By a stroke of luck, Evans helps the authorities capture Ben Wade (Crowe), a raffish, wily and seemingly unprincipled outlaw with dead aim and a penchant for holding up stagecoaches and railroad cars. For a sum that will allow him to save his ranch, Evans joins a posse (one of its member is played by a grizzled Peter Fonda, another by the marvelous Alan Tudyk, of the late, lamented "Firefly") that will escort Wade from Bisbee to Contention, a three-day journey. There Wade will be herded onto a train headed for the federal prison in Yuma. The catch is that Wade's men -- led by his right-hand man, Charlie Prince (Ben Foster) -- want their leader, and they'll spare no bullet to get him back.

In Daves' version of the movie -- which Mangold says he saw at age 17 and never forgot -- Evans was played by a drawn, weatherbeaten Van Heflin; Glenn Ford's Wade was a seductive, creepy operator, the kind of guy who's neither smooth nor rough but perched somewhere on the jagged line between. They're both terrific performances, but Bale and Crowe match them, reinventing the characters in ways that honor, without imitating, the men who first played them. Mangold and his screenwriters, Michael Brandt and Derek Haas, have taken Halsted Welles' earlier screenplay and fleshed it out, adding some interesting details (Wade's battle scars, both emotional and physical, are their invention, and they were probably intended to add some topical currency to the picture) and some superfluous ones (the posse encounters a group of railroad baddies, led by Luke Wilson, that feels like padding the movie doesn't need). "3:10 to Yuma" is flabby in the middle, but its climax -- more protracted and yet also more suspenseful than in the original -- is beautifully staged, and exciting to watch. I wasn't even sure I liked "3:10 to Yuma" all that much as I was watching it; but by the end, I was already thinking I might like to see it again.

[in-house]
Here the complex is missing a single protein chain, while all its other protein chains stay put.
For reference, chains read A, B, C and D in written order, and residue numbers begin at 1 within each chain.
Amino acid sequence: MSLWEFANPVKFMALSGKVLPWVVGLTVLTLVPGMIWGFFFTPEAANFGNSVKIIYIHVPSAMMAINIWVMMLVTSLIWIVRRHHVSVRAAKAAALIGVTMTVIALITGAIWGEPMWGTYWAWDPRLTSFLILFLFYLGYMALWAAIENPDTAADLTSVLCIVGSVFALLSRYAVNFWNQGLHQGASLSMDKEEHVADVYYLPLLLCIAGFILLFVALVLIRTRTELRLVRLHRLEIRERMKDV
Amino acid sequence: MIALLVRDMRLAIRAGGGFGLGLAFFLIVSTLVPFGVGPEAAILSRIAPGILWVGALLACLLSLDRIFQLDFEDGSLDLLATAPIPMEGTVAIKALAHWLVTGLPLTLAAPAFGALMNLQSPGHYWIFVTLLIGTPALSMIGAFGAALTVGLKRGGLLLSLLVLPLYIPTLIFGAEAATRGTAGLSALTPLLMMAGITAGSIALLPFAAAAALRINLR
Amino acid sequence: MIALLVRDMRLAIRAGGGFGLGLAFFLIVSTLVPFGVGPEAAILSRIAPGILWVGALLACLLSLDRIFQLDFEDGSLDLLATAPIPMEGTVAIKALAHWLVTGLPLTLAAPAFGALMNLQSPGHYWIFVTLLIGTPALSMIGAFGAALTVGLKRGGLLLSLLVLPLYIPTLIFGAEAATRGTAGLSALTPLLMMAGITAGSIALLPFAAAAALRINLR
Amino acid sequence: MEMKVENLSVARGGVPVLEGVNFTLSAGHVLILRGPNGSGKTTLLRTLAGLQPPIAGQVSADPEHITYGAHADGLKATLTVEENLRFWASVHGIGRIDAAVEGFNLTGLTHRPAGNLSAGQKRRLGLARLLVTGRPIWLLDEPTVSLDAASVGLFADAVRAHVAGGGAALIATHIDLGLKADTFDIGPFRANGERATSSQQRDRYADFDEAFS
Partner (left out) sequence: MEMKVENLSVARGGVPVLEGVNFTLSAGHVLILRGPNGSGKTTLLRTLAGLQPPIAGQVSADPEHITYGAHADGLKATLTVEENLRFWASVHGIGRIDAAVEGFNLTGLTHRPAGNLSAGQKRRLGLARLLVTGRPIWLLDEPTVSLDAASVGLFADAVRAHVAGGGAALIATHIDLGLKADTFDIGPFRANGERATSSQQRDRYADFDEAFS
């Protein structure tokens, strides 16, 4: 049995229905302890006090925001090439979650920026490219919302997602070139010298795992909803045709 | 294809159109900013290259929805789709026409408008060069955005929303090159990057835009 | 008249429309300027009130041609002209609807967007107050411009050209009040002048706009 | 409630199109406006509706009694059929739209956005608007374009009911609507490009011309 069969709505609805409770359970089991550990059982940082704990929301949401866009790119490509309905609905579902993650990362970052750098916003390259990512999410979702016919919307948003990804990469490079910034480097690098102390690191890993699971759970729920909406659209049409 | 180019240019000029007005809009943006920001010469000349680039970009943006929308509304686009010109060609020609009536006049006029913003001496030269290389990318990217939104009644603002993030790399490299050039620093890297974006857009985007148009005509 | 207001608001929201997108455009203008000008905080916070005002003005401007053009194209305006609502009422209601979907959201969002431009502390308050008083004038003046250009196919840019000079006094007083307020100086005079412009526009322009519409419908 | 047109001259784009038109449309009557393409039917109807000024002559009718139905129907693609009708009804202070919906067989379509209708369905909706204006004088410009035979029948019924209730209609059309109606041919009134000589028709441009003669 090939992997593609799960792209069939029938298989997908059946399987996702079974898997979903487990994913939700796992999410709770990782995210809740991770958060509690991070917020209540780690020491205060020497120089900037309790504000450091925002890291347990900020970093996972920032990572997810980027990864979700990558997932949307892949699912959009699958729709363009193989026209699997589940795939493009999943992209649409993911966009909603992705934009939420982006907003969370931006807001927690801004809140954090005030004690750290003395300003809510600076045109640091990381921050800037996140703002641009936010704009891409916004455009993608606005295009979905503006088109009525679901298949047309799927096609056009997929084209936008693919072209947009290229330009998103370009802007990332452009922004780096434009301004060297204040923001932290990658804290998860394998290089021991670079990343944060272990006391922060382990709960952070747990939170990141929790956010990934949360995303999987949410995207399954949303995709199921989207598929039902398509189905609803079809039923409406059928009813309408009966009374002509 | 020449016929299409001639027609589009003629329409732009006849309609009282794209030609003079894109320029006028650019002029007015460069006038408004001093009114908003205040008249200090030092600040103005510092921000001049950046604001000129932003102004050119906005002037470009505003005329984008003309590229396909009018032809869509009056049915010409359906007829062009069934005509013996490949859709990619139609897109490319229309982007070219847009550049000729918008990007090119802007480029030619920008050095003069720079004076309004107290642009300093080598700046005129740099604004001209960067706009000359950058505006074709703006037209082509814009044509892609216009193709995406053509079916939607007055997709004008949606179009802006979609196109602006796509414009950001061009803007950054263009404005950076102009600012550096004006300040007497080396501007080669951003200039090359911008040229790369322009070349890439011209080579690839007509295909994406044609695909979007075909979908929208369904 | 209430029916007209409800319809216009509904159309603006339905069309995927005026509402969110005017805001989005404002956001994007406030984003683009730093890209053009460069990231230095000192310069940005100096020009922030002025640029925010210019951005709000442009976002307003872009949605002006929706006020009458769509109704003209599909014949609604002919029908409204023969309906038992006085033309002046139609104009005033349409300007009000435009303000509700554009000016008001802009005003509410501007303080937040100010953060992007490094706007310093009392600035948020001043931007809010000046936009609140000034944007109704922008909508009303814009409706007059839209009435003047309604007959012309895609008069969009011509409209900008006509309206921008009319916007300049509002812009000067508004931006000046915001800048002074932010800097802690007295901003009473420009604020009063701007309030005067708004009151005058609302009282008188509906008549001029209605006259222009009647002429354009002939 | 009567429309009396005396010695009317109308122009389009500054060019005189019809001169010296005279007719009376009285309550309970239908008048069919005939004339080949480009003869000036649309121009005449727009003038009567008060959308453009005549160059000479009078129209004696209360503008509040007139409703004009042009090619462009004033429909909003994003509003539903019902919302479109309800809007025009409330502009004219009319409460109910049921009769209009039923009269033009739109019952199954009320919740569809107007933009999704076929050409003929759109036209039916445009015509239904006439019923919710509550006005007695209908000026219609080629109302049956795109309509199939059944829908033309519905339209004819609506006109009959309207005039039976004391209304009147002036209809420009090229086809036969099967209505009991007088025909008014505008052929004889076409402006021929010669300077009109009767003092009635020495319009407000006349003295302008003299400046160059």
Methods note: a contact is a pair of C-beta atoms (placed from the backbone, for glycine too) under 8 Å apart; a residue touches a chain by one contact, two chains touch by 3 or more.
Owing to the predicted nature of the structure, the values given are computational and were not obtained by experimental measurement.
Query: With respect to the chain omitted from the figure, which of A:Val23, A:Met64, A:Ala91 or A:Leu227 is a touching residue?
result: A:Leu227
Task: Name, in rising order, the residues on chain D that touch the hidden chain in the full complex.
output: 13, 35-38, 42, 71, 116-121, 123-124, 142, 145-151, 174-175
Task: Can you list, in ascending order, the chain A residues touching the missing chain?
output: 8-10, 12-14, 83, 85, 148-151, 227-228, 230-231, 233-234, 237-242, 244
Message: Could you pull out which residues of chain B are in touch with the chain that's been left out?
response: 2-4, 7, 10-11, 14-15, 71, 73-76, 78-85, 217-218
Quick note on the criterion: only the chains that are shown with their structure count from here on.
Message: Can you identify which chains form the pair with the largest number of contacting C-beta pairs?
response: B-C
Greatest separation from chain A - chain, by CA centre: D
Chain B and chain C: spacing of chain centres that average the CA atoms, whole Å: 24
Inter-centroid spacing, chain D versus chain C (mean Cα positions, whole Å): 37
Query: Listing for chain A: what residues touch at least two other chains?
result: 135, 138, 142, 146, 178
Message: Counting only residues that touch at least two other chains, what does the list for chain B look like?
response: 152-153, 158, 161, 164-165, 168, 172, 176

Mangold and cinematographer Phedon Papamichael pay their respects to many of the visual traditions of the older westerns, showing us dusty, underpopulated towns and landscapes that hover uncertainly between bleakness and beauty. They even give us a shot, a stagecoach driver's eye view, over the backs of a team of galloping horses -- a charming, affectionate touch.